In 2018-19, 69.5% of Aboriginal children and young people who exited care did not return to care within 12 months. This is a significant negative outcome as the corresponding rate in 2008-09 was 80.6%.
Goal 3: Aboriginal Families and households thrive
3.1 Reduce the incidence and impact of family violence affecting Aboriginal families
- 3.1.1 Number and proportion of family incident reports involving an Aboriginal other party; and proportion of those who were the subject of a previous family incident report.
- 3.1.2 Number and proportion of family incident reports involving an Aboriginal affected family member; and proportion of those who were the subject of a previous family incident report.
- 3.1.3 Number and proportion of notifications to child protection for children and young people where family violence is identified.
Since 2007, reporting on the number of family violence incidents by an Aboriginal other party increased steadily. In 2019, 5,249 family violence incidents by an Aboriginal other party were reported and of these, 85.2 per cent were repeat offences.
4,390 family violence incidences were reported against an Aboriginal affected family member in 2019, which represents 5.2 per cent of all family violence incidents.
Child protection where family violence is identified
In 2018–19, 5,028 reports to child protection were recorded for Aboriginal children and young people where family violence was identified. The corresponding figure was only 133 in 2008-09. It should be noted that in 2010-11, enhancements to the child protection Client Relationship Information System saw a new field added to capture family violence as an area of concern at the report stage. Since then, the rate of notification to child protection for children where family violence is identified has considerably increased for both Aboriginal and non-Aboriginal children.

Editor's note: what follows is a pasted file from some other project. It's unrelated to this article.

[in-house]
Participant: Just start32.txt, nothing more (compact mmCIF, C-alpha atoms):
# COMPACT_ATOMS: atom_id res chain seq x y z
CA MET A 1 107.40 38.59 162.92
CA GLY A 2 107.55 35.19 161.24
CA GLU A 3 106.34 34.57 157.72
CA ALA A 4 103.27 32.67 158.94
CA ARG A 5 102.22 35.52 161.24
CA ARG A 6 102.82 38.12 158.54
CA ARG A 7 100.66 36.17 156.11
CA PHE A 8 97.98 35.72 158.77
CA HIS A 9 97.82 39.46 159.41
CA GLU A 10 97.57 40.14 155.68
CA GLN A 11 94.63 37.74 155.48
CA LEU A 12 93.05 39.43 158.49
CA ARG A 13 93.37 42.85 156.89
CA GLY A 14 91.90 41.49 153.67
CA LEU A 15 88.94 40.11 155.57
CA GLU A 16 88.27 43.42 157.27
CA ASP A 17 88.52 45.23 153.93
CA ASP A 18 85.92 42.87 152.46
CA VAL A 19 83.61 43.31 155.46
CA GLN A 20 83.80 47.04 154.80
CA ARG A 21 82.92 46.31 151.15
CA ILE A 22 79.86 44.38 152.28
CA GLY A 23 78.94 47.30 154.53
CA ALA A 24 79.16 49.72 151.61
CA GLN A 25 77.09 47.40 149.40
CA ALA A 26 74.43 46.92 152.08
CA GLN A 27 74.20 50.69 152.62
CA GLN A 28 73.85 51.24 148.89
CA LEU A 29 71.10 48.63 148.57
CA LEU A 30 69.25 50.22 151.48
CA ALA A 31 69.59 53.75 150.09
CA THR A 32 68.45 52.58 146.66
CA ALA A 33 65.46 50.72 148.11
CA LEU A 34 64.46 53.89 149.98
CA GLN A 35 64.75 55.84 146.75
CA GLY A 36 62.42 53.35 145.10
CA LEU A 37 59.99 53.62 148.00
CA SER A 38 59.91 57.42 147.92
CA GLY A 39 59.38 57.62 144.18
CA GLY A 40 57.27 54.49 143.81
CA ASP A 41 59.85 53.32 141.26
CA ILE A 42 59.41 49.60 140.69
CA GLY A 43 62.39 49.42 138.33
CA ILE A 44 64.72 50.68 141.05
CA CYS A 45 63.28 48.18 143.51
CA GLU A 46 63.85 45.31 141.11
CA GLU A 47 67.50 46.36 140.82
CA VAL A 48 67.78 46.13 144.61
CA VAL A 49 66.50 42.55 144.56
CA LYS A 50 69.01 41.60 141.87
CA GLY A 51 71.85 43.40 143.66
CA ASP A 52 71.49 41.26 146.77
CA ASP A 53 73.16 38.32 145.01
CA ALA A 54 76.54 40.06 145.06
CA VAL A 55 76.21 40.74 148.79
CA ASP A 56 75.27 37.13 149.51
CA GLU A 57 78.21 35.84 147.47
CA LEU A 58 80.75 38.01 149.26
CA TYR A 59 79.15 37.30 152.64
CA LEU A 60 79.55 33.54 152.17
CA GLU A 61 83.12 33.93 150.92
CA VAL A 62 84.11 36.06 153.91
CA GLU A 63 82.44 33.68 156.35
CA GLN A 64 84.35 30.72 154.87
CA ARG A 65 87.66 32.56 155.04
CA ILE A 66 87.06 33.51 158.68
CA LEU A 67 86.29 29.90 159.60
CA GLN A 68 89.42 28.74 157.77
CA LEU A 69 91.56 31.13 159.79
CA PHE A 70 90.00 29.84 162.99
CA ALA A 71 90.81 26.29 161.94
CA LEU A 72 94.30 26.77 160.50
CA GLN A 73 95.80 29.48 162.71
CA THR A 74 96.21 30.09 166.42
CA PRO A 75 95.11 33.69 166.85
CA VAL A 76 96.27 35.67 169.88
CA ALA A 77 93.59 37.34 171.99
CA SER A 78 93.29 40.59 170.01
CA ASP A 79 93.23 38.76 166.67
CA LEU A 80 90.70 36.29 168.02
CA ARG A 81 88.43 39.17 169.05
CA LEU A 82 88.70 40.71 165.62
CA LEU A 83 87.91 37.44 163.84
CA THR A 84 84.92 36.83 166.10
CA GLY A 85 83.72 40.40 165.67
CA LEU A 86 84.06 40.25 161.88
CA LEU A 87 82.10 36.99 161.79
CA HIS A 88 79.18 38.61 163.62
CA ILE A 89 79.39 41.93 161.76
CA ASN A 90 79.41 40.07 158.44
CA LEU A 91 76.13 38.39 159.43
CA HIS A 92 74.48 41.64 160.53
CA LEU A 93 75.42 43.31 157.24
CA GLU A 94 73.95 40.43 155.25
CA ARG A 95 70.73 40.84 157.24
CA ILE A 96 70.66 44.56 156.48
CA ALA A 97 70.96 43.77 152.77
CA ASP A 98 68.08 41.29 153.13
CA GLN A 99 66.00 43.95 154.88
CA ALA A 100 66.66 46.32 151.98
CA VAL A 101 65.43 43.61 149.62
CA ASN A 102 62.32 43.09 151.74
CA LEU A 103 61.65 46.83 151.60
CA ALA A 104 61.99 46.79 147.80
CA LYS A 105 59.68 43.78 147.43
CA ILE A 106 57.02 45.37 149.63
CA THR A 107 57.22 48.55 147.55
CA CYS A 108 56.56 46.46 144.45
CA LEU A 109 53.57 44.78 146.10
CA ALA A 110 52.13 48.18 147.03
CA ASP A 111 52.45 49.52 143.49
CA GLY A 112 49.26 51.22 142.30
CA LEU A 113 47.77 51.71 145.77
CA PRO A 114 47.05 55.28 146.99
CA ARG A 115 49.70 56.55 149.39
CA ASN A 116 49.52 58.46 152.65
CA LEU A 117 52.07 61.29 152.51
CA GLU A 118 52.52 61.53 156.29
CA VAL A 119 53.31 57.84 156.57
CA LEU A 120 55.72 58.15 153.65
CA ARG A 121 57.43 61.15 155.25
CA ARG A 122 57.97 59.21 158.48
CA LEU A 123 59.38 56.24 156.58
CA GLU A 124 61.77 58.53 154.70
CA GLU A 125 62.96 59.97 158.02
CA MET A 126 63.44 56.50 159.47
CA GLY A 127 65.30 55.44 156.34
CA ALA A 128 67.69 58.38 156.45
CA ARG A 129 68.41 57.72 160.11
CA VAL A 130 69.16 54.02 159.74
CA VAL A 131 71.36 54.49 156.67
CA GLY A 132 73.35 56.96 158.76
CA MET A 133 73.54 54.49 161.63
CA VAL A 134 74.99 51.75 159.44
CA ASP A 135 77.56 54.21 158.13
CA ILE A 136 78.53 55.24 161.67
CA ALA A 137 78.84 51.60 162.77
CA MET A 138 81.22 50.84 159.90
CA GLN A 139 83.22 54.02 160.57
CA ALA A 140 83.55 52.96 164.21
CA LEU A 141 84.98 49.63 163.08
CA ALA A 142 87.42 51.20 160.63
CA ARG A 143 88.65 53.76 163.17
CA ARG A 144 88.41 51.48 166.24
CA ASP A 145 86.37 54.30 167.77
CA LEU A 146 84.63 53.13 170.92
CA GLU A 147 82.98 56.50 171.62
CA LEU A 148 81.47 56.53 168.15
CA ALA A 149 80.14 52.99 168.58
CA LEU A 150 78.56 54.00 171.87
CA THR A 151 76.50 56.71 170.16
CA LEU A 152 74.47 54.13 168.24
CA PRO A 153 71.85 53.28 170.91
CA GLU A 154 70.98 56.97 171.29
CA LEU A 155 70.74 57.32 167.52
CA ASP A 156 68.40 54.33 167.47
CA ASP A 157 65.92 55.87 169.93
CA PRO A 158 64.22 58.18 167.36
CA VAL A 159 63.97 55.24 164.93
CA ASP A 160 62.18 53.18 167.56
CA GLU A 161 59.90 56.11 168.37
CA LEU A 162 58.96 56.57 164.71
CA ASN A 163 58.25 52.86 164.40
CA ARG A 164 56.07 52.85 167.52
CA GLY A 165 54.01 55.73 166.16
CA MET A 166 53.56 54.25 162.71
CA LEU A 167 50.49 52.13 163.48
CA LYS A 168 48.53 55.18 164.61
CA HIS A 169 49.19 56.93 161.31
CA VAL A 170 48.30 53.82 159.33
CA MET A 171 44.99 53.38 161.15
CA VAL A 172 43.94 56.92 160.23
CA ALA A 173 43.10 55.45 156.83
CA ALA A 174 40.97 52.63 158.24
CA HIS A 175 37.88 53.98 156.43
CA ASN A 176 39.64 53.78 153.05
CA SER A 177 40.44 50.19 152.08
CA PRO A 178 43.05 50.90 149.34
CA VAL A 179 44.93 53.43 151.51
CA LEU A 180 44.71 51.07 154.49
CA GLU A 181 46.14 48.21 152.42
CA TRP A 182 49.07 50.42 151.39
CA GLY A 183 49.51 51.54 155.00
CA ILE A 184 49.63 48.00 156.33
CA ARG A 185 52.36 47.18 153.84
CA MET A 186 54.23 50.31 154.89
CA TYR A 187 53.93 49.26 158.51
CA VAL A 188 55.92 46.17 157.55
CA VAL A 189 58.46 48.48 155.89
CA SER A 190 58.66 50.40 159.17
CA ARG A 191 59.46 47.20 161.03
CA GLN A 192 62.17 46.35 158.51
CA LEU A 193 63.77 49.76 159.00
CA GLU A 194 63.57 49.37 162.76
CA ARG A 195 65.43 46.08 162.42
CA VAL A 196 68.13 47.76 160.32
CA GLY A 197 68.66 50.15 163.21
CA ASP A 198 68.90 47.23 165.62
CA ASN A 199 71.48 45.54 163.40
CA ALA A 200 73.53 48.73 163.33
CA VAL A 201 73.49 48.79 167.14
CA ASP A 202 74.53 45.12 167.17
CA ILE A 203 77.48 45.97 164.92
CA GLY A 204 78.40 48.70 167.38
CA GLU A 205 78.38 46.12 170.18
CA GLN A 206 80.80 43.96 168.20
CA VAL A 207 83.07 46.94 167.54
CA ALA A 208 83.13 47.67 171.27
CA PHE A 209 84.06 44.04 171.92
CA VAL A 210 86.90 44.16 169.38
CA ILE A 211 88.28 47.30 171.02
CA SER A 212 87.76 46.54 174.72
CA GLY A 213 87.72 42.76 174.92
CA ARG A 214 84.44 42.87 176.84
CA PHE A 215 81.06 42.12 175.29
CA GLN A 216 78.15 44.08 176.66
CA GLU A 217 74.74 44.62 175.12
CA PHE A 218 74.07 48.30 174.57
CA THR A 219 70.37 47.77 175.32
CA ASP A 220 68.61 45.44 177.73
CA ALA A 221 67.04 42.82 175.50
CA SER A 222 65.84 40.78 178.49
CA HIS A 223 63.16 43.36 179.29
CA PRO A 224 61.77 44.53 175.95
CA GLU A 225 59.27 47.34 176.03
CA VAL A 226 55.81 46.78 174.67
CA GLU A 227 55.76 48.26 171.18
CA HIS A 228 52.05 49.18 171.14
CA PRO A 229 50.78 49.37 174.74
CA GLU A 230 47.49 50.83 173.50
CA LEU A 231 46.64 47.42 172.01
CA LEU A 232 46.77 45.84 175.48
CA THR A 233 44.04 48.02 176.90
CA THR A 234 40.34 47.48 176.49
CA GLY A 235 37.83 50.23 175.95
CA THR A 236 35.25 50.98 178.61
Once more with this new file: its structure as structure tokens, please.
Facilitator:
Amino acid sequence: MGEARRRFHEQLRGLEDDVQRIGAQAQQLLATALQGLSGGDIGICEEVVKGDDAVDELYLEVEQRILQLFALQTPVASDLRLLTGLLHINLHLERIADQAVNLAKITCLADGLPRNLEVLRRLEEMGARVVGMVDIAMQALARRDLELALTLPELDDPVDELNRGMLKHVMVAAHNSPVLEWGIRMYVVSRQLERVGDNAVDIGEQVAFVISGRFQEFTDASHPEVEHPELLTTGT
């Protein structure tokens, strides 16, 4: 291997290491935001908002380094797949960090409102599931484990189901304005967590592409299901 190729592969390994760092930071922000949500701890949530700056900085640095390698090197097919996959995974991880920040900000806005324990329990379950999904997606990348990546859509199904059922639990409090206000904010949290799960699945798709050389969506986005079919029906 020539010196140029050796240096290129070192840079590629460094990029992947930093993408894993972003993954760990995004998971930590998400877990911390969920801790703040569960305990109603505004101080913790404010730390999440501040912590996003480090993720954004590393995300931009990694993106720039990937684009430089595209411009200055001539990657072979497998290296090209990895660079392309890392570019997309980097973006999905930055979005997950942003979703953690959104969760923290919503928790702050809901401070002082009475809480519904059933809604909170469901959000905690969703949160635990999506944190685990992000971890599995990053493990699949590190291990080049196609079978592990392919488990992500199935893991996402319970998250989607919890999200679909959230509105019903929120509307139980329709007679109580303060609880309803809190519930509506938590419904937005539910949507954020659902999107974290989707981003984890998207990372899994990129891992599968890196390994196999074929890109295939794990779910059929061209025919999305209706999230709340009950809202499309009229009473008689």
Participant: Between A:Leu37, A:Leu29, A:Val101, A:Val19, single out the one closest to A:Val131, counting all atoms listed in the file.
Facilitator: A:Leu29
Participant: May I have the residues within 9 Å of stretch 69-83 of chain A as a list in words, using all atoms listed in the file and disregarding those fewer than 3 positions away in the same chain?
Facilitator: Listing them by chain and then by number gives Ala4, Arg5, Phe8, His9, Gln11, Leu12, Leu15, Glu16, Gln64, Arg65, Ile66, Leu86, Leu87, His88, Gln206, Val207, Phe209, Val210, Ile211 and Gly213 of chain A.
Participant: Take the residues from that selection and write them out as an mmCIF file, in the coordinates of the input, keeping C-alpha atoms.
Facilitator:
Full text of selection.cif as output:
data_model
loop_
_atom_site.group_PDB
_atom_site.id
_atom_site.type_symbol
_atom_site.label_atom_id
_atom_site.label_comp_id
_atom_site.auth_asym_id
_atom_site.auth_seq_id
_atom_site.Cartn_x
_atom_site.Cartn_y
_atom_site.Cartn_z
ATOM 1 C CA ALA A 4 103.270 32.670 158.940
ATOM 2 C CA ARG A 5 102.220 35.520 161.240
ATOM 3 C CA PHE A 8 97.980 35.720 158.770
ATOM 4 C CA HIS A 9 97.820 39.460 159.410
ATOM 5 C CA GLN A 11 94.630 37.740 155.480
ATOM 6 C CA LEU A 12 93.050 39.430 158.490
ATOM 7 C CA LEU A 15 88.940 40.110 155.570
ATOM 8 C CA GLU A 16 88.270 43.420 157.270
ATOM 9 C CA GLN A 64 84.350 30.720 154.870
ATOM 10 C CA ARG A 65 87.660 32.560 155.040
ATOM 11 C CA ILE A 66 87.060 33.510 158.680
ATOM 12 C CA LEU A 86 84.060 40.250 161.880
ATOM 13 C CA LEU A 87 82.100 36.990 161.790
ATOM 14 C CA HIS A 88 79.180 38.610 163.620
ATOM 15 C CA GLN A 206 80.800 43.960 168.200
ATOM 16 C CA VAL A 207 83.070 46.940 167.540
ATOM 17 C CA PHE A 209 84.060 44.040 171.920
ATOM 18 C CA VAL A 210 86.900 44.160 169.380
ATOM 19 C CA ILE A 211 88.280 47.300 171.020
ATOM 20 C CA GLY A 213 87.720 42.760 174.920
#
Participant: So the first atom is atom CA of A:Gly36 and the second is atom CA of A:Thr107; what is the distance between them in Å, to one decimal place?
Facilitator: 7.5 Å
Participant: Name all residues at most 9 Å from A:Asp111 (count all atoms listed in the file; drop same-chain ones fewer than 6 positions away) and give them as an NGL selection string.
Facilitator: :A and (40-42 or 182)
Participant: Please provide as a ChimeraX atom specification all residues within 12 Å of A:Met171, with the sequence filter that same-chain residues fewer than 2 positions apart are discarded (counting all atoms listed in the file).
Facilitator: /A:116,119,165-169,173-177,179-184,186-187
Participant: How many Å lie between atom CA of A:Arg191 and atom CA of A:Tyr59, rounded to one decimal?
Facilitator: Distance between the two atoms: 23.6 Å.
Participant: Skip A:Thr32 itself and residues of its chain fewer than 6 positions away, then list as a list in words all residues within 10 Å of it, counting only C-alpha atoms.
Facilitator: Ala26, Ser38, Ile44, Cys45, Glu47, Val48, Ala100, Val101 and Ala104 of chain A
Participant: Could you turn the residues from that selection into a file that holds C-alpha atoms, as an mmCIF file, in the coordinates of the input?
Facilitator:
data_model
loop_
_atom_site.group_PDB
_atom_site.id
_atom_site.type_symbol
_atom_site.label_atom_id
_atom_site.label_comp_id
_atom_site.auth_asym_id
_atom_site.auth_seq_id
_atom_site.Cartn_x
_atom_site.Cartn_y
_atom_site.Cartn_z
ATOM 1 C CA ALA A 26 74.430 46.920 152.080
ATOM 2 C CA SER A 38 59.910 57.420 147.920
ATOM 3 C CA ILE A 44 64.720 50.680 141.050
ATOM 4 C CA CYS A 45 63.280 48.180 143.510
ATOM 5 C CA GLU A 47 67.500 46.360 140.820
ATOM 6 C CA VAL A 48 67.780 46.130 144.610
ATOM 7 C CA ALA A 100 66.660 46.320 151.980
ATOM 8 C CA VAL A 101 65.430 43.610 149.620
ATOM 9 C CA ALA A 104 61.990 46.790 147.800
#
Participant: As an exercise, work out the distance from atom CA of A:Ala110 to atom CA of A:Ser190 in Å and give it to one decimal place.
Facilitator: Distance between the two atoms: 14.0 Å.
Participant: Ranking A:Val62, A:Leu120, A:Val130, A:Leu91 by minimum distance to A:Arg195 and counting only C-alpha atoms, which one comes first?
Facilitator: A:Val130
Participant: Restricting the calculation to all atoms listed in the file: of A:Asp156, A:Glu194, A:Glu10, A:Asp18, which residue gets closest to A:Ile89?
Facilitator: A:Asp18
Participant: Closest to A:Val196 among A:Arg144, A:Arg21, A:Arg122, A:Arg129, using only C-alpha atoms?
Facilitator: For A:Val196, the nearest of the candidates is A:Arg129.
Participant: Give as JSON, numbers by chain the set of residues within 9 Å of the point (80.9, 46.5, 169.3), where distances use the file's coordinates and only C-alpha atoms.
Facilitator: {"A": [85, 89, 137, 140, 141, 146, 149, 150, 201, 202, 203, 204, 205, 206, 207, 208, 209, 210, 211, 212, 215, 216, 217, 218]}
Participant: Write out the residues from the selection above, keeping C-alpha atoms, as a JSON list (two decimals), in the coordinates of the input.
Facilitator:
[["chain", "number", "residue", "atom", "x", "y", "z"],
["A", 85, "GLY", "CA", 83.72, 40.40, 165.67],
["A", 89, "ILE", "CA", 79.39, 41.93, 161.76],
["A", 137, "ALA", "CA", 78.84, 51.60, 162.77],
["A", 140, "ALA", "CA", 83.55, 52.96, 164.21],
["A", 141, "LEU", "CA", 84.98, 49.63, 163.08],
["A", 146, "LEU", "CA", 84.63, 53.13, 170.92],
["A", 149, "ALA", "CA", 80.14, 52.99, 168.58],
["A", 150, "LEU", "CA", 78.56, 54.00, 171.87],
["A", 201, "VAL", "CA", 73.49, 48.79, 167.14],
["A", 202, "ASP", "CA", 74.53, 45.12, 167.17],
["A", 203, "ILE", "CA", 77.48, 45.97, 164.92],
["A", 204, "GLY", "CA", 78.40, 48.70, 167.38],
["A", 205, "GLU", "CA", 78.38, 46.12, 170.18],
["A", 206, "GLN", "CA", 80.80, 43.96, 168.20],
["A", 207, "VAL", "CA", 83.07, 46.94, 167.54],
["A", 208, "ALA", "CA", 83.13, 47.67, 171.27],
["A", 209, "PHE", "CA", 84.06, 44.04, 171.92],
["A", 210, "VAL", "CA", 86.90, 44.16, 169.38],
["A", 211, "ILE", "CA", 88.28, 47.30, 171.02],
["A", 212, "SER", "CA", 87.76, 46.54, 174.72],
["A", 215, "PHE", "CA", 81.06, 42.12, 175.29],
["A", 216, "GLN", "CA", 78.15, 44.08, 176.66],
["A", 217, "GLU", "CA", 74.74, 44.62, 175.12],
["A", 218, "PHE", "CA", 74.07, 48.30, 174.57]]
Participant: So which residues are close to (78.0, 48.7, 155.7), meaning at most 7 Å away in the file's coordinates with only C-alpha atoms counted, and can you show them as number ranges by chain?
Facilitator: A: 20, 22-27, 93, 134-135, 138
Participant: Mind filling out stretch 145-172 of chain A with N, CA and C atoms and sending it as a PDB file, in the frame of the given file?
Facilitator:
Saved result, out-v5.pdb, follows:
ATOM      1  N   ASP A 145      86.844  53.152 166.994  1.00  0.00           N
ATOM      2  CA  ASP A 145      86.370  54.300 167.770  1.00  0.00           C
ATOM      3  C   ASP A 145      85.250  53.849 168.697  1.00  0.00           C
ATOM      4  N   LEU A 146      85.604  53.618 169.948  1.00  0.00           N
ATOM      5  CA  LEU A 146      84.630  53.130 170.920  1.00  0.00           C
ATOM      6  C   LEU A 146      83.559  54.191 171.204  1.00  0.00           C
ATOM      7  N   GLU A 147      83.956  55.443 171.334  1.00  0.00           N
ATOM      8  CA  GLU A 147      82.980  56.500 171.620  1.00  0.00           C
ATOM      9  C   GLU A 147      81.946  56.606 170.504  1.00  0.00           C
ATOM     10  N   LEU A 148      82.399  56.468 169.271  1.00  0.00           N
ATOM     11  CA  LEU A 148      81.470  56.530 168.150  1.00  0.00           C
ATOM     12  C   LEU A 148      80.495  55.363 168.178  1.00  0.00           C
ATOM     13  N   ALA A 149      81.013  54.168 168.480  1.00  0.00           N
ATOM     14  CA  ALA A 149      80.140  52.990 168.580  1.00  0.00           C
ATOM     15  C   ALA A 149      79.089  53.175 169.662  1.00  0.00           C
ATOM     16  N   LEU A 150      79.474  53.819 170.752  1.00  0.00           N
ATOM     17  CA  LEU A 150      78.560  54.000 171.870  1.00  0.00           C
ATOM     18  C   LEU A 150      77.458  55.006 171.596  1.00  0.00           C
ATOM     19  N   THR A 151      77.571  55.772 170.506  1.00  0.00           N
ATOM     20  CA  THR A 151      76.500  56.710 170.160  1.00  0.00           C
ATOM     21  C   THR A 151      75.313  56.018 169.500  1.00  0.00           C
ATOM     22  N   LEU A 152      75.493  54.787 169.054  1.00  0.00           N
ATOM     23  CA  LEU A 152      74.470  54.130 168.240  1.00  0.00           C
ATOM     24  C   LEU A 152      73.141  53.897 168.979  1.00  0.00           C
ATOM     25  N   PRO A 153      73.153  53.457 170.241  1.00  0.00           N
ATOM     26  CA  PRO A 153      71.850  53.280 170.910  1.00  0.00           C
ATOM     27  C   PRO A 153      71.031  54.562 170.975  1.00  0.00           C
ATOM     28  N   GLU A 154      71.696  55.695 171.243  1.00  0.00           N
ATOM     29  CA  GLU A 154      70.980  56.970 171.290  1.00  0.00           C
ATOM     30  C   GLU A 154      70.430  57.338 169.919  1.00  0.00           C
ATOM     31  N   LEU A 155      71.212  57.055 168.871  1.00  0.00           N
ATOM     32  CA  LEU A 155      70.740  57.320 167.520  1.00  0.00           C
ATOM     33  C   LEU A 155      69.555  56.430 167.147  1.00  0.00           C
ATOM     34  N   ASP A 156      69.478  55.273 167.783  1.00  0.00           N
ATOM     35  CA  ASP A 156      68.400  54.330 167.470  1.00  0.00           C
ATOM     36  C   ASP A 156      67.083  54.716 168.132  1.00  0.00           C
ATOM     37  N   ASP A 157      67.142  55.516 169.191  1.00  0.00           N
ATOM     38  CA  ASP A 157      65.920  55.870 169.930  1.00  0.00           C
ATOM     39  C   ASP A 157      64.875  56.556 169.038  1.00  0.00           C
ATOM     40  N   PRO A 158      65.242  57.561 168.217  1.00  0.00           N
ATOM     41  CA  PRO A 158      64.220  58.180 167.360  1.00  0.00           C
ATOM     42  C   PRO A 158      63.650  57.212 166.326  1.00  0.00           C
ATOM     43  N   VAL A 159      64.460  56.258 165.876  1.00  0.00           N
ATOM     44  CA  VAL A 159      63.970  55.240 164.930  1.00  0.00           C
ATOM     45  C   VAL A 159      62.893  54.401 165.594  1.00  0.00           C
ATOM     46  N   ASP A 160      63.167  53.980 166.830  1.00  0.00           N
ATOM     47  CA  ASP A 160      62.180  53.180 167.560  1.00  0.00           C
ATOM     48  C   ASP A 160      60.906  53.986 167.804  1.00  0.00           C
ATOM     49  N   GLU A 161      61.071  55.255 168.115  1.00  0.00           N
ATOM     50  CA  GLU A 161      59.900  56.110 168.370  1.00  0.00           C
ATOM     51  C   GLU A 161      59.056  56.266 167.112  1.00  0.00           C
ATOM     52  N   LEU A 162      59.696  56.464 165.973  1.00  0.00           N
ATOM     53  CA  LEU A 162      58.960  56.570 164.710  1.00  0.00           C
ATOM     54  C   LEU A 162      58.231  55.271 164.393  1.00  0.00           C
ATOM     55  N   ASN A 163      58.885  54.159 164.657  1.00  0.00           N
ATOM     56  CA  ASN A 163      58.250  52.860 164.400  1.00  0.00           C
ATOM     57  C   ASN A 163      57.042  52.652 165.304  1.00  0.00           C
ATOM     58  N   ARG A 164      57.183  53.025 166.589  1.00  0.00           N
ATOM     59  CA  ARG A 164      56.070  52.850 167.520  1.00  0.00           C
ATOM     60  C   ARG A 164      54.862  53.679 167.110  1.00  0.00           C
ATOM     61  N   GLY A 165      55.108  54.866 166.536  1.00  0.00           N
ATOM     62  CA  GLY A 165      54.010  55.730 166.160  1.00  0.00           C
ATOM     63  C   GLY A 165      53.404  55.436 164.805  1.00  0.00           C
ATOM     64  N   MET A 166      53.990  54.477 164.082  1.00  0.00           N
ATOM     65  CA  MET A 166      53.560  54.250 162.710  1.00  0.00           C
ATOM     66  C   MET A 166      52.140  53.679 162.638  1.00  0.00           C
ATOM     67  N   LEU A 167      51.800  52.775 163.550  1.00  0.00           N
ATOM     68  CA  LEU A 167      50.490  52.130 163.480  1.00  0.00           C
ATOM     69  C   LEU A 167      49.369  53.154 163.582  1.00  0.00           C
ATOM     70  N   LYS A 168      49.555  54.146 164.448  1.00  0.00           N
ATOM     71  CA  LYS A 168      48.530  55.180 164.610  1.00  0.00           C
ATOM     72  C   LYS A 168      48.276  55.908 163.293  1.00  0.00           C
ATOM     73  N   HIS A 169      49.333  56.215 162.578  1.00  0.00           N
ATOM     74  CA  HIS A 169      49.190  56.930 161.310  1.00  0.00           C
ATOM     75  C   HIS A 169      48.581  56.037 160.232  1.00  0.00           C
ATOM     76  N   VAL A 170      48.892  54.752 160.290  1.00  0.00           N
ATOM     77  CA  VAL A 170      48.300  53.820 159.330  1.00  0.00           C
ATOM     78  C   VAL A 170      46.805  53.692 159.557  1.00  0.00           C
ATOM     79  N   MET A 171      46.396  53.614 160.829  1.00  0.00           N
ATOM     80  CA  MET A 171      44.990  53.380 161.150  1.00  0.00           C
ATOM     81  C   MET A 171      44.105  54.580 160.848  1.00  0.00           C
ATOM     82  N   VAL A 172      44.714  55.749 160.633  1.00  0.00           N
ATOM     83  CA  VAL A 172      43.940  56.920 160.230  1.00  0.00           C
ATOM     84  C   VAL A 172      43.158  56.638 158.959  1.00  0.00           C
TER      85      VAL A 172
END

In response, government has worked with the Victorian Aboriginal Child Care Agency (VACCA) to develop the Aboriginal Family Preservation and Reunification Response (the Response) – an innovative approach to delivering relational, evidence-informed and coordinated support to vulnerable children and families through a strengthened partnership with Child Protection. Aboriginal cultural elements have been developed by the VACCA and co-designed with ACCOs for implementation by all Response practitioners to advance Aboriginal self-determination and support cultural healing.
3.2 Increase income and housing security for Aboriginal households
- 3.2.4 Proportion of Victorians accessing homelessness services.
A stable home and a culturally safe and responsive housing and homelessness system is fundamental to achieving equity in housing outcomes. Across 2019-2020, progress has been made towards this aim, including through the Victorian Government’s support for Mana-na worn-tyeen maar-takoort, the landmark Victorian Aboriginal Housing and Homelessness Framework, developed by Aboriginal Housing Victoria (AHV) and community housing partners.